By Paul M. Lewis

Summer is both a time of year and a state of mind. I suppose the same could be said about every season, but somehow summer seems to loom larger, brighter, more luminous. It surprised me when I first heard that Midsummer was—and still is—celebrated on June 24th . In traditionally Christian countries, this is the Feast of St. John the Baptist, sometimes called St. John’s Day. I was surprised because on or about June 21st is, scientifically speaking, the day of the Summer Solstice, its official beginning. I suppose the explanation is that, in most countries of the northern hemisphere, heading toward the end of the month of June feels like we’ve been at it for a while, as if we’ve more or less reached the middle.

When I was a boy, living in the all-Catholic-all-the-time enclave of an old industrial town of upstate New York, June was a glorious month. The first leafing out of the trees and the spring flowers were long gone. That was the job mostly of late April and early May, the Month of Mary, when we crowned the statue of the Blessed Mother with lilacs and lilies of the valley. By June, everything that grew and blossomed was at its height, and yet the leaves were still new and clean, of an ebullient verdure that made you think the world could not be a better place to live in. At last, school was finally out, and even the nuns appeared to be in a happier mood. They waved us good-bye at the classroom door, and we ran out into the wild world, free at last to explore what and when and wherever our hearts led us. It never occurred to us then that they too may have been hugely relieved to be rid of us, although from my seventy-one year old perspective today I am sure that was true. What nuns did in the summertime I never found out, but perhaps just being away from screaming children was vacation enough.

Even my parents were in a better mood. Summer was a time when we were free of the terrible burden that came with heating the house during the freezing months of winter, bills we could never somehow afford. In summer, money seemed a little less tight. And although my mother still worked—always a great sorrow to me, because I wanted her at home with us—she seemed to walk with a lighter step. As much as she could not buy the lovely clothes she probably wanted, nonetheless she always had an excellent sense of style. She liked looking good, and I always thought her especially beautiful in the flowery, light-colored dresses of summer. On the other hand, my father never dressed in anything but the same work pants and white tee shirts, sitting at home of an evening at the kitchen table after work, drinking glass after glass of Ballantine Ale. Even on his annual, single week of vacation, this is what he did, as going away on a vacation was never even dreamed of in my house. Such a thing was reserved for the houses of the rich, or so we believed. My older brother would play baseball with his buddies, while my younger sister drew hopscotch designs on the sidewalks, skipping and singing rhymes, and I and my friends would ride our bikes to the nether reaches of the city, where we were forbidden to go. Or we would build forts in a local vacant lot, filled with sumac and other trees that needed no tending to and that thrived in poor soil, but which represented jungles and forests, exotic realms of the imagination existing far, far away from where we lived our everyday lives.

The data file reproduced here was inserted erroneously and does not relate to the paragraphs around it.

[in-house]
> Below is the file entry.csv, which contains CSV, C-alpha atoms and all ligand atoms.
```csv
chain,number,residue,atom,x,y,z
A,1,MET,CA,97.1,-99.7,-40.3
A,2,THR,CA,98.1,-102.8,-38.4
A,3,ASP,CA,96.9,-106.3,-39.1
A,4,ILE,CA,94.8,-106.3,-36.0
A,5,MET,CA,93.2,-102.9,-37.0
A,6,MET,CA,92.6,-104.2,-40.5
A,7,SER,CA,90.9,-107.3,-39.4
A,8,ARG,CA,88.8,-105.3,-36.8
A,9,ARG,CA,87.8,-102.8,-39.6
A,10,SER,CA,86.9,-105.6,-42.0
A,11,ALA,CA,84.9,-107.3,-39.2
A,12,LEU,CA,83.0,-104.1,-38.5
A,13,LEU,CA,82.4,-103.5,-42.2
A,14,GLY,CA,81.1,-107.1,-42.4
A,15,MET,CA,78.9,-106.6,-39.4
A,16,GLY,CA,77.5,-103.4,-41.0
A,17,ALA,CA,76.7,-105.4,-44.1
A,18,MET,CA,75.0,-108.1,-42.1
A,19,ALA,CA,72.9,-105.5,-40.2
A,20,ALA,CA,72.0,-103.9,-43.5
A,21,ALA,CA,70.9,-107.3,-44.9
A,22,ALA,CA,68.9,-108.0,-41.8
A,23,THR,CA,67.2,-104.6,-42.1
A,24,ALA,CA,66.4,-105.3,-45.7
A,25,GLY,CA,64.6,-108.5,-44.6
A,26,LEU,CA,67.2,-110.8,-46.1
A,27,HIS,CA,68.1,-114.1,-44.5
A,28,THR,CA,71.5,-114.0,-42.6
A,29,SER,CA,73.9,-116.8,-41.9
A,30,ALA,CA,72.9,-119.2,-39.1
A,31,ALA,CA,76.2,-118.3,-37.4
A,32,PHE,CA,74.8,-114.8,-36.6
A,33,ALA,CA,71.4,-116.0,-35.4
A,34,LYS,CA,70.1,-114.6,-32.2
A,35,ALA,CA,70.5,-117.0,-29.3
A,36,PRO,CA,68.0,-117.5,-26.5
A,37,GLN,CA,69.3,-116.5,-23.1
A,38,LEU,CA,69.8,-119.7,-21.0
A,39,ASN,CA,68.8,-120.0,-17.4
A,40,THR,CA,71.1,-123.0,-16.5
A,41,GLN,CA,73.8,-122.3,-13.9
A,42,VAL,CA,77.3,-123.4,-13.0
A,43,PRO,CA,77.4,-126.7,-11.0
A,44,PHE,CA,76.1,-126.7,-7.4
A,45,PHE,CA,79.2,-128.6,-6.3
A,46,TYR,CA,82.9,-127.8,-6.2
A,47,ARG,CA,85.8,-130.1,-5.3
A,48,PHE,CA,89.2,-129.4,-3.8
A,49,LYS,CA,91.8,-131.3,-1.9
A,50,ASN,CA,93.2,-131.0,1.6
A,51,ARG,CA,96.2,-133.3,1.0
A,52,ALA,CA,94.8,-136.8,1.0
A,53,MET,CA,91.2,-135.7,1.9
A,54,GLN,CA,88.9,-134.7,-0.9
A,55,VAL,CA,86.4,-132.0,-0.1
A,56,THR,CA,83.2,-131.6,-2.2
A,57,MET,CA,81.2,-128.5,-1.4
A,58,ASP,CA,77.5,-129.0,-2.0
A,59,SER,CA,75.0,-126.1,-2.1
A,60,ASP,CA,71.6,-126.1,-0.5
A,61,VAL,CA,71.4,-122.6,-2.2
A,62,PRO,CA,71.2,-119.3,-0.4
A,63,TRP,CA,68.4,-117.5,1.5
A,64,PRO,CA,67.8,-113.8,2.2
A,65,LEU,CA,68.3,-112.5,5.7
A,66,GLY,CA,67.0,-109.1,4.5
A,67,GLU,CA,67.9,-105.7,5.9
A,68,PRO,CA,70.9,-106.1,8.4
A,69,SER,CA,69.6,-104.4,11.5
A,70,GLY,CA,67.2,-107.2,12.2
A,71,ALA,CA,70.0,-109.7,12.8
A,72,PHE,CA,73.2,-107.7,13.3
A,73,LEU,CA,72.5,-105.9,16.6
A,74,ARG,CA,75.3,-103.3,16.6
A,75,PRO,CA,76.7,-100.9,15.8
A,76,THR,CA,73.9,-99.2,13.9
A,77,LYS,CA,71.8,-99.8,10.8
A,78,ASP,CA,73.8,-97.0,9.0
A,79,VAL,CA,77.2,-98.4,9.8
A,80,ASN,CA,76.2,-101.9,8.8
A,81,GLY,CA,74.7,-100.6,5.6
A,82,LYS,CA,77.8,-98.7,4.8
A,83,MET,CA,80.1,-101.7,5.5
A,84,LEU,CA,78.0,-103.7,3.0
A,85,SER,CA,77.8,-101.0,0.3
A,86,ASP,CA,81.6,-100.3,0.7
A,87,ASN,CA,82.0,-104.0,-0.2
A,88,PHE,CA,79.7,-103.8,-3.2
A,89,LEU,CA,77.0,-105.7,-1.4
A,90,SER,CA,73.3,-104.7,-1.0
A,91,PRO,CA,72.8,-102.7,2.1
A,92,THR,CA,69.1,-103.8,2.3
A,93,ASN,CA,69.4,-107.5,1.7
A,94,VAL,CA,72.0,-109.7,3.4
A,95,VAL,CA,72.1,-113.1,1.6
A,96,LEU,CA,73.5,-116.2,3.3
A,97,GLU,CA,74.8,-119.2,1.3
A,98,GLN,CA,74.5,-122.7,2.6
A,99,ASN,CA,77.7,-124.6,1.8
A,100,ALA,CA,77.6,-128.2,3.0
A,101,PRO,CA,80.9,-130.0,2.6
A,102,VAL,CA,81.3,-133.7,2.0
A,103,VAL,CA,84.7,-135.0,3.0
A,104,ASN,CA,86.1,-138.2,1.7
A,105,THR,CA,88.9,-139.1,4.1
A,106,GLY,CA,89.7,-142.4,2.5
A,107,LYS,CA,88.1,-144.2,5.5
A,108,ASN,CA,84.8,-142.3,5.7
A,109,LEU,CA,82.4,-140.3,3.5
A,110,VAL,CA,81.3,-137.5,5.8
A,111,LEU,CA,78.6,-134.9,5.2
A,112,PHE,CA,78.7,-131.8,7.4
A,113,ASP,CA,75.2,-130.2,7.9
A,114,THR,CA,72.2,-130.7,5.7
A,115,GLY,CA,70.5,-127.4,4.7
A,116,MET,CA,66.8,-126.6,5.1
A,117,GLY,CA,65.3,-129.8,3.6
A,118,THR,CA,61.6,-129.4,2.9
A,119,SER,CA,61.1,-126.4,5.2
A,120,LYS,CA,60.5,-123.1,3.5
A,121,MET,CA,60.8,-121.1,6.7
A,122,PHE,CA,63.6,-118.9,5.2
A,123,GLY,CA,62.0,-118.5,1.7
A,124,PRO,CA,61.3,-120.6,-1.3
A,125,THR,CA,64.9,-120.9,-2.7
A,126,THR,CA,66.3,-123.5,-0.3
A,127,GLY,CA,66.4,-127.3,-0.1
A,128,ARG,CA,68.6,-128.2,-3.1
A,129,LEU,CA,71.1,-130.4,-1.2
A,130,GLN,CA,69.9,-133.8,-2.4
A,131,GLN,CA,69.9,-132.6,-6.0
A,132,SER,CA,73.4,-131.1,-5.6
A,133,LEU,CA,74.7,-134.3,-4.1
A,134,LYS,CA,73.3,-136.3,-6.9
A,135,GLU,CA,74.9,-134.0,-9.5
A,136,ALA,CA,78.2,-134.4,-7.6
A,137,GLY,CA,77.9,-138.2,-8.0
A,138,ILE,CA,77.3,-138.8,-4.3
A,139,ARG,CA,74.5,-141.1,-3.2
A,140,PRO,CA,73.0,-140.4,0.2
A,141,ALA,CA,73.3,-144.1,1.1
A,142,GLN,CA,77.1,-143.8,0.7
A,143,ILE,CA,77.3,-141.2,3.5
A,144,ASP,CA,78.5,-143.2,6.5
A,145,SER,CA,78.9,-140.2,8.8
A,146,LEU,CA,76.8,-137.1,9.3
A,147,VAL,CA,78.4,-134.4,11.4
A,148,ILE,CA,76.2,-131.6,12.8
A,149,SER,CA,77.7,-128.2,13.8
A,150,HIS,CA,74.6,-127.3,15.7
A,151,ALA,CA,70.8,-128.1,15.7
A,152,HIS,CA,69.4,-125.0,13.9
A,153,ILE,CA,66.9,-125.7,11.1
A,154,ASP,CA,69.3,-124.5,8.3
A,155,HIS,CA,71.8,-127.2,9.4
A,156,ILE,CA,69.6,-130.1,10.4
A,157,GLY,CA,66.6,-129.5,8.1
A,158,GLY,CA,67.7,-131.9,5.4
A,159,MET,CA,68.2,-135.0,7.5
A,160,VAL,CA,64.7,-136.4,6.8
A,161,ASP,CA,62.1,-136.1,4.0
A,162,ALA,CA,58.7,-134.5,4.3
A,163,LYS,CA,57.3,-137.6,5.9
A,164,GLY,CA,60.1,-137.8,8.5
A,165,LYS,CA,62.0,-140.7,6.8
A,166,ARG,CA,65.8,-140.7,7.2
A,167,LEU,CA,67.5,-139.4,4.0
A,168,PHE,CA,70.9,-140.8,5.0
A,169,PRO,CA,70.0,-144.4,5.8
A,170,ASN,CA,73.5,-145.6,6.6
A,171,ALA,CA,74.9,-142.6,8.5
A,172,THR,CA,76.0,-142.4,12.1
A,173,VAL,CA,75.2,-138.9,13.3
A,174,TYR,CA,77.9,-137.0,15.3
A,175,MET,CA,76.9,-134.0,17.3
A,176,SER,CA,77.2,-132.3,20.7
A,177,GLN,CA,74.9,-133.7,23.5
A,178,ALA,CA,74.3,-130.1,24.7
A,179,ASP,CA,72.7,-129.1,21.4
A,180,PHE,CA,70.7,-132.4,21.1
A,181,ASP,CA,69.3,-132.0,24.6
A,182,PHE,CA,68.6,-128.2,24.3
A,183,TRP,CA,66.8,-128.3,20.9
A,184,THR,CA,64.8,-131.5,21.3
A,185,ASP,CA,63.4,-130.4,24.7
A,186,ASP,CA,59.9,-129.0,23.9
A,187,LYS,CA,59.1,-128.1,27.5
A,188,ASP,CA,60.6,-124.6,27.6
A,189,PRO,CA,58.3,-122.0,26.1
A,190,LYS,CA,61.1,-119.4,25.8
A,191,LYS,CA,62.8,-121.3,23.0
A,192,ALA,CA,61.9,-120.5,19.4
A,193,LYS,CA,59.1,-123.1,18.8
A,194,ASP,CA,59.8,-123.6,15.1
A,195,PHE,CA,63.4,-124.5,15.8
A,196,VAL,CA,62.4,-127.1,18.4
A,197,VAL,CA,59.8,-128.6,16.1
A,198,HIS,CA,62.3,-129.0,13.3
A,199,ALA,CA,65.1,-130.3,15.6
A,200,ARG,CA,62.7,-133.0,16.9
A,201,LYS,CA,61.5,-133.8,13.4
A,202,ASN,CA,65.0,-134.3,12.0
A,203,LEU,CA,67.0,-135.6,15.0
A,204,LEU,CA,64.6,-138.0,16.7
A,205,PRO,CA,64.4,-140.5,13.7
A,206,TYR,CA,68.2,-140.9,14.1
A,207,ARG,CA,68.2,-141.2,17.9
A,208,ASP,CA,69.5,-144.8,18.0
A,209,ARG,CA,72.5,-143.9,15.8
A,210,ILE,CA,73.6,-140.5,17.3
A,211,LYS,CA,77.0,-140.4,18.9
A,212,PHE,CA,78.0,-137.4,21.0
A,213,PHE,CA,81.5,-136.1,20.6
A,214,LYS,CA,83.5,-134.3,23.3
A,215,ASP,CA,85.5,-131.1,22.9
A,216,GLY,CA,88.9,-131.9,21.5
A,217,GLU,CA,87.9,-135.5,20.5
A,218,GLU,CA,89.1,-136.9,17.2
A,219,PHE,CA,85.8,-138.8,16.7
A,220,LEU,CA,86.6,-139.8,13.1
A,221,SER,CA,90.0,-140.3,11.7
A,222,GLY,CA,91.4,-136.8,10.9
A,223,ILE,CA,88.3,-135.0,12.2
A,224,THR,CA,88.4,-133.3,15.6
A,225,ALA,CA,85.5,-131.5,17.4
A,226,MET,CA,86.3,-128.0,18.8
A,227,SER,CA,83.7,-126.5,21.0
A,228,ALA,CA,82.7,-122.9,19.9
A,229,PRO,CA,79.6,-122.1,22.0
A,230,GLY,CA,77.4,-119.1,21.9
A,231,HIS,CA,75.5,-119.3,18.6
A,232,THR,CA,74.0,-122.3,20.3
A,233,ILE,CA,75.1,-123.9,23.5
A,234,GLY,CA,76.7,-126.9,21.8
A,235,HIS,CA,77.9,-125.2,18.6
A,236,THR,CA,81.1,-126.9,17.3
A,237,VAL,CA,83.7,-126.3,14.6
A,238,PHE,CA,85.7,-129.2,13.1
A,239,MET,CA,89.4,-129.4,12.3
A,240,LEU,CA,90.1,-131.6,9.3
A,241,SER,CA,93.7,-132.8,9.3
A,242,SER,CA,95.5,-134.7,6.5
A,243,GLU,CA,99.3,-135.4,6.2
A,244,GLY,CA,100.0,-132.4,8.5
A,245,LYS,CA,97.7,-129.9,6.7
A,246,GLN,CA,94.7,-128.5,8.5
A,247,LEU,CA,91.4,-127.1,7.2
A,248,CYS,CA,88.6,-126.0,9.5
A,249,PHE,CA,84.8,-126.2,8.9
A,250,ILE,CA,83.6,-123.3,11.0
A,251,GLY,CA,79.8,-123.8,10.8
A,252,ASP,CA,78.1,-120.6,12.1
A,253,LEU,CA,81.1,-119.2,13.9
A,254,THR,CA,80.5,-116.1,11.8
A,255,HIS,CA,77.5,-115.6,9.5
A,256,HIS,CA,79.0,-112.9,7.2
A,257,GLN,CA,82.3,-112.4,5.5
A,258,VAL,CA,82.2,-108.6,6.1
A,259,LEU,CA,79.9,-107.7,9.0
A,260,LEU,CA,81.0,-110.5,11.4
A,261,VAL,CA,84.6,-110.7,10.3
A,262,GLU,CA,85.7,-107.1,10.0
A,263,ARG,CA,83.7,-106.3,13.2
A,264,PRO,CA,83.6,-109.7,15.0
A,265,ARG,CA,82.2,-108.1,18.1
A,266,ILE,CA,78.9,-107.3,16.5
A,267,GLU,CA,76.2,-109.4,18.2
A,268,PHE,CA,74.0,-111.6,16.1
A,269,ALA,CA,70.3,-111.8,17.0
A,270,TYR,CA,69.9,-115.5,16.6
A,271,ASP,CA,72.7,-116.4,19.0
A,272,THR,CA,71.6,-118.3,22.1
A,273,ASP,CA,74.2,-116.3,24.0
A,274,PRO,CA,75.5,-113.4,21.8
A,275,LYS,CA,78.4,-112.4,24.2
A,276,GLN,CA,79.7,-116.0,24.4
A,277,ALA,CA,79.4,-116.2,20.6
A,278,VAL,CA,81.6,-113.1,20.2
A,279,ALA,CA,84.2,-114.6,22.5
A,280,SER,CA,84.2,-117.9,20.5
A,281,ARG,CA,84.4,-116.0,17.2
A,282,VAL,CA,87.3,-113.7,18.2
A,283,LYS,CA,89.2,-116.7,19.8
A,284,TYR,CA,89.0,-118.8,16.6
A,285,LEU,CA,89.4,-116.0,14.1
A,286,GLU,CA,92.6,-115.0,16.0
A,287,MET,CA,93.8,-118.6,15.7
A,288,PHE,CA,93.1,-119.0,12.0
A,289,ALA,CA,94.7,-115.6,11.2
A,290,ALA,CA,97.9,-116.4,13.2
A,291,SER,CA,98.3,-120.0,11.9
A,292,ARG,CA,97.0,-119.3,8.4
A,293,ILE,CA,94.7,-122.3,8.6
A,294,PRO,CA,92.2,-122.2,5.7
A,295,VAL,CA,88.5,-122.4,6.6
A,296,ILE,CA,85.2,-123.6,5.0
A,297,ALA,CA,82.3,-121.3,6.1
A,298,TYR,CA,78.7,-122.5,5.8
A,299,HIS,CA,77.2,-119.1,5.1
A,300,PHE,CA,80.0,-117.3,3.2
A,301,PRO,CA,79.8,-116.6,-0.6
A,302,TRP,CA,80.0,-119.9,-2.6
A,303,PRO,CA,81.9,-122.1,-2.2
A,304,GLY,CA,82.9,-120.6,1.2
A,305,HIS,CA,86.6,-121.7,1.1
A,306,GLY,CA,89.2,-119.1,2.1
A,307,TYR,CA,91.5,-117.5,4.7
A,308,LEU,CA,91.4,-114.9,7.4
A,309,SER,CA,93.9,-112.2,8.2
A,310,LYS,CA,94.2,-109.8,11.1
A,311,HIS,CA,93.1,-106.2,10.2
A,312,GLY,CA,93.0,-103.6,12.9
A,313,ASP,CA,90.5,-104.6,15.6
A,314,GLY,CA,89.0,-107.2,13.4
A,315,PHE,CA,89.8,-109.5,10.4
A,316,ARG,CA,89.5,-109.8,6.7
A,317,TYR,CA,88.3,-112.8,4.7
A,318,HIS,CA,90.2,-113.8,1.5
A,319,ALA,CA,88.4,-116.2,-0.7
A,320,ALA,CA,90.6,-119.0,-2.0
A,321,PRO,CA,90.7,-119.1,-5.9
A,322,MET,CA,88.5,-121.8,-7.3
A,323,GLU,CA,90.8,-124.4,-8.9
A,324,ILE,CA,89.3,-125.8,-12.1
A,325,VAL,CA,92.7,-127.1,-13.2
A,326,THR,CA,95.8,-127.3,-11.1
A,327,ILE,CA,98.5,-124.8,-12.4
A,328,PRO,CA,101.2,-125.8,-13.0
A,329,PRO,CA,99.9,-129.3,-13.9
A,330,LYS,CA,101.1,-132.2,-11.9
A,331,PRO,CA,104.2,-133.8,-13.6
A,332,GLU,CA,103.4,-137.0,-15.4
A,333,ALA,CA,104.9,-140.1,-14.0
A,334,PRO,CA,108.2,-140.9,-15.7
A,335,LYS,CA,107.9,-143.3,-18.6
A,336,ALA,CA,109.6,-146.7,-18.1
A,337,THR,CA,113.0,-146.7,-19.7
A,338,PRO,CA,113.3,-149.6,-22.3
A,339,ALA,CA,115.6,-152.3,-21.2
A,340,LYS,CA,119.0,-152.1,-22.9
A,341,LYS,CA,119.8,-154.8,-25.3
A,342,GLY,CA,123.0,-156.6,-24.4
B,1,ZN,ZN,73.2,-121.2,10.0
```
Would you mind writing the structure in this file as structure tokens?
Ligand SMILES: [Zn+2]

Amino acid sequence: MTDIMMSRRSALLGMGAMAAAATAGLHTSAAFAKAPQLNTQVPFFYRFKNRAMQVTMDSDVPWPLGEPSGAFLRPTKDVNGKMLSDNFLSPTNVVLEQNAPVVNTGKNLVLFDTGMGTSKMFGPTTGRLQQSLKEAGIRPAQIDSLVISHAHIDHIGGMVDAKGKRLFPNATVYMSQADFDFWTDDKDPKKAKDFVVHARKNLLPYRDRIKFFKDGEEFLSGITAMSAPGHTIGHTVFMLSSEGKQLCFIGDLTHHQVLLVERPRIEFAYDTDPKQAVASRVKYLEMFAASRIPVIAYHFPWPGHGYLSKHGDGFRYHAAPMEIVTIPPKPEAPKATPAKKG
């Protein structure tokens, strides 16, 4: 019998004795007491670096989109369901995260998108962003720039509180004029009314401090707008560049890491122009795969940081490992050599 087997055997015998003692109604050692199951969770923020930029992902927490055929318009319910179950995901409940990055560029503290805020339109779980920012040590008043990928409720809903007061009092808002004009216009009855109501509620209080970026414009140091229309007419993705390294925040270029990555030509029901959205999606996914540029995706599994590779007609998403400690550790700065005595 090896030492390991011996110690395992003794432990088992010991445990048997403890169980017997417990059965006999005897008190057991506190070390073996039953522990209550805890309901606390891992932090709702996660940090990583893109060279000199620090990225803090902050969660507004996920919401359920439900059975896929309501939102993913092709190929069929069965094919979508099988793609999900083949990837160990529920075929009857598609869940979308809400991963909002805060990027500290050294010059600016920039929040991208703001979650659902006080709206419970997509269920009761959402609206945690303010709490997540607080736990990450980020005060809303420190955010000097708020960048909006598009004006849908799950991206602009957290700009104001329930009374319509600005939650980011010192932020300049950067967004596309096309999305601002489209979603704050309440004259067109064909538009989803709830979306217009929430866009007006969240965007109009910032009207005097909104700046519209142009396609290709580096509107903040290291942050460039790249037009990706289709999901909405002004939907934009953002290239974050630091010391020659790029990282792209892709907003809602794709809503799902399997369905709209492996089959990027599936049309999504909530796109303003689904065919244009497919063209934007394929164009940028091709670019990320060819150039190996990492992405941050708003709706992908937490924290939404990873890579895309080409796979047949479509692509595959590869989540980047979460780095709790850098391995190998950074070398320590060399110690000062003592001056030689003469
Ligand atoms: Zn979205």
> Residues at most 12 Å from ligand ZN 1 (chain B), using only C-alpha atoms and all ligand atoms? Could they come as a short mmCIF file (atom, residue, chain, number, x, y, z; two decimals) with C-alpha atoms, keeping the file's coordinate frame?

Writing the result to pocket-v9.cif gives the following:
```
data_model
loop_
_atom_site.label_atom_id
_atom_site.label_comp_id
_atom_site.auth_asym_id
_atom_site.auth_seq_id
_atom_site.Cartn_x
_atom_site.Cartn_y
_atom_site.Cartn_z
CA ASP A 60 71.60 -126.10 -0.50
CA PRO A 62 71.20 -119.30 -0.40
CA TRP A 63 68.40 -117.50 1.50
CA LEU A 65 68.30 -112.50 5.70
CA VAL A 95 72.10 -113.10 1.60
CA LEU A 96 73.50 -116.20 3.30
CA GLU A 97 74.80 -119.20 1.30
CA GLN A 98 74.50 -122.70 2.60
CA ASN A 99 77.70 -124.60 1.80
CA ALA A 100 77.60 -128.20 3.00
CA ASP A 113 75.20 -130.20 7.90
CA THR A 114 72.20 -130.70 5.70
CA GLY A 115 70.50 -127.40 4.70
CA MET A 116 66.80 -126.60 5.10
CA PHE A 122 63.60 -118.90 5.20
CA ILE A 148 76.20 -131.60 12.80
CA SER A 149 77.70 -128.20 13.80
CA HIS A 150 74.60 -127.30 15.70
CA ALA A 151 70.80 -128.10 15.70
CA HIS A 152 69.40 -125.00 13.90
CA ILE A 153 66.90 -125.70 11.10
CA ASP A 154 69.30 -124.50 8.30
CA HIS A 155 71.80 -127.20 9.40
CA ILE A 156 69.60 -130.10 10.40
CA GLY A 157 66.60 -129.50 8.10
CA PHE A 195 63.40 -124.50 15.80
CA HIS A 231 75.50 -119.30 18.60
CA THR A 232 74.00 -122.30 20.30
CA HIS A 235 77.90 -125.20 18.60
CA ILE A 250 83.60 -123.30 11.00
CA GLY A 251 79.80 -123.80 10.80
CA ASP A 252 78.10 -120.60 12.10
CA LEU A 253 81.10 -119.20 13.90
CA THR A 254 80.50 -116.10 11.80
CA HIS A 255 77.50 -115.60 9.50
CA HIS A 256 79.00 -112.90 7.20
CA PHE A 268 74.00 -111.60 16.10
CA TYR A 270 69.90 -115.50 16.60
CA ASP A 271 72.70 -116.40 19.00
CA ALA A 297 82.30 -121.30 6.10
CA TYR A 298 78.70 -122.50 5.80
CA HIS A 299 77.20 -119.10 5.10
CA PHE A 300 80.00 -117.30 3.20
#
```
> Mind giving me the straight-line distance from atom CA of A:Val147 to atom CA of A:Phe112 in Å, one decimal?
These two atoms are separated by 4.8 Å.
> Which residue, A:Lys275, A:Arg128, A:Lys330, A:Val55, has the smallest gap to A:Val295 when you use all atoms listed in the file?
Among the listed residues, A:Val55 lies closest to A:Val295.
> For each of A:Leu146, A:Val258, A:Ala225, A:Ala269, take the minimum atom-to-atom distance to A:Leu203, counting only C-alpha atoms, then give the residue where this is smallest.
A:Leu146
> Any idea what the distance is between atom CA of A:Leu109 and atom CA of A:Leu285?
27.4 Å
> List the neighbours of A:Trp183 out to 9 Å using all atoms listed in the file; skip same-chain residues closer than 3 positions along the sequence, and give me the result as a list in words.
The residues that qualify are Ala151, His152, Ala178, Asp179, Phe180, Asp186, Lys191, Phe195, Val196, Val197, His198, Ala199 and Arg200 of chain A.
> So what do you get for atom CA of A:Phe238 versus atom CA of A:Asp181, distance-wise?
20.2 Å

Midsummer, in this sense, was a hopeful time of new beginnings. The world had miraculously come round fresh once again after the long gray winter, filled with freezing nights and snowy days, or the half-forgotten ice that turned into the dirty slush of late March and early April. We rejoiced in the heady scent of the roses, carnations and the bachelor buttons that filled people’s gardens. At night, the family would sit on the back porch, listening to the silence (no one watched television in the summer in those years, or no one we knew; that was a diversion saved only for the cold months); and we children seemed entertained enough by chasing after fireflies and enclosing them in glass jars (cruelly so, as I now think). Later, we would lie in bed, sweating in the humid air, hoping for a breeze to come through the window, or for the blessings of thunder and lightning and a great downpour of rain to cool things off. Yet, in spite of the heat and discomfort, we rejoiced in remembering the next morning was not a school day; nor did we have to face the dreaded, unmerciful Sisters of Mercy.

But by the middle of August, something had begun to change. Although we could never pinpoint exactly when that happened, suddenly we realized that the leaves were starting to look dusty, a little bedraggled, as if they had given their best and were beginning to feel the effort. The warm nights had begun to cloy and take their toll, and secretly we longed for the cooler temperatures of the coming autumn. The 15th of August was for us, in those years, that day of days, when we knew the idle moments of summer were coming to an end. Midsummer was long gone, that beginning of endless excess, at least if the very definition of excess could be doing nothing at all. The Feast of the Assumption of the Most Blessed Virgin Mary had arrived, seemingly as a warning. And as if to underline and reinforce the warning, this was a Holy Day of Obligation in the Catholic Church. That meant it was a day when we were required to attend mass, on pain of mortal sin. Of course, the nuns, too, were there (where had they gone all summer?), and once again we glimpsed, for the first time since the beginning of our halcyon days of freedom, those harsh representatives of discipline, control, authority, strictness, and the punishing regimen of school, class schedules and homework. In other words, what we saw before us was, in essence, the loss of freedom, descending into what Walt Whitman called “the life that exhibits itself,”—against which he railed in Leaves of Grass.